BioinformaticsBMJ 2002; 324 doi: https://doi.org/10.1136/bmj.324.7344.1018 (Published 27 April 2002) Cite this as: BMJ 2002;324:1018
- Ardeshir Bayat, MRC fellow (email@example.com)
- Centre for Integrated Genomic Medical Research, University of Manchester, Manchester M13 9PT
- Correspondence to:
An unprecedented wealth of biological data has been generated by the human genome project and sequencing projects in other organisms. The huge demand for analysis and interpretation of these data is being managed by the evolving science of bioinformatics. Bioinformatics is defined as the application of tools of computation and analysis to the capture and interpretation of biological data. It is an interdisciplinary field, which harnesses computer science, mathematics, physics, and biology (fig 1). Bioinformatics is essential for management of data in modern biology and medicine. This paper describes the main tools of the bioinformatician and discusses how they are being used to interpret biological data and to further understanding of disease. The potential clinical applications of these data in drug discovery and development are also discussed.
Bioinformatics is the application of tools of computation and analysis to the capture and interpretation of biological data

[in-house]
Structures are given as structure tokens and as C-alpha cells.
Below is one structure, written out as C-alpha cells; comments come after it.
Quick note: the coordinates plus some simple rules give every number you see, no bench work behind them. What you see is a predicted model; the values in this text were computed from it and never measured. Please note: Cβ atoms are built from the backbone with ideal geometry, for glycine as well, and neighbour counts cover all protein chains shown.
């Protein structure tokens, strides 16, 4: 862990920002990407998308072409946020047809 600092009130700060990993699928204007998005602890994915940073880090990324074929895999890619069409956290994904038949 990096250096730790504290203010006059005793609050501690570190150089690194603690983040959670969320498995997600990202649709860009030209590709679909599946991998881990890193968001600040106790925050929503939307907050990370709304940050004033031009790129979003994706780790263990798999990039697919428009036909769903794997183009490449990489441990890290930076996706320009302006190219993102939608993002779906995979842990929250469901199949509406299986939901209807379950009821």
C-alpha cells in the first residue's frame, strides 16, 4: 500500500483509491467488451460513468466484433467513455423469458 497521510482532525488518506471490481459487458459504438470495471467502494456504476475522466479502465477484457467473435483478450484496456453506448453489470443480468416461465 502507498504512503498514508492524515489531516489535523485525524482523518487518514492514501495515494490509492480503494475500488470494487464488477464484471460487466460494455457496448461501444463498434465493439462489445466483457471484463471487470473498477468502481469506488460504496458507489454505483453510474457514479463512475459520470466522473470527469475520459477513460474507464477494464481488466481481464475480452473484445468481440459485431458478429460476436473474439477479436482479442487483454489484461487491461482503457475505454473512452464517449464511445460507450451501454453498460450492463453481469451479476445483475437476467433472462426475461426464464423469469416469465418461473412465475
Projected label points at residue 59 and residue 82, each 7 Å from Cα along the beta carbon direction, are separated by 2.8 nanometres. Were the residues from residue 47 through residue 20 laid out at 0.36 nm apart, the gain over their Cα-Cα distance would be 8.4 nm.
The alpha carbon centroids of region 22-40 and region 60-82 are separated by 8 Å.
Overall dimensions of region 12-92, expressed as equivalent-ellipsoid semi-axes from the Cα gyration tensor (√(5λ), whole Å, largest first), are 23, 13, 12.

Bioinformatics is essential for management of data in modern biology and medicine
The bioinformatics toolbox includes computer software programs such as BLAST and Ensembl, which depend on the availability of the internet
Analysis of genome sequence data, particularly the analysis of the human genome project, is one of the main achievements of bioinformatics to date
Prospects in the field of bioinformatics include its future contribution to functional understanding of the human genome, leading to enhanced discovery of drug targets and individualised therapy
This article is based on personal experience in bioinformatics and on selected articles in recent issues of Nature Genetics, Nature Genetics Reviews, Nature Medicine, and Science. Key terms including bioinformatics, comparative and functional genomics, proteomics, microarray, disease, and medicine were used to search for relevant articles in the peer reviewed scientific literature.
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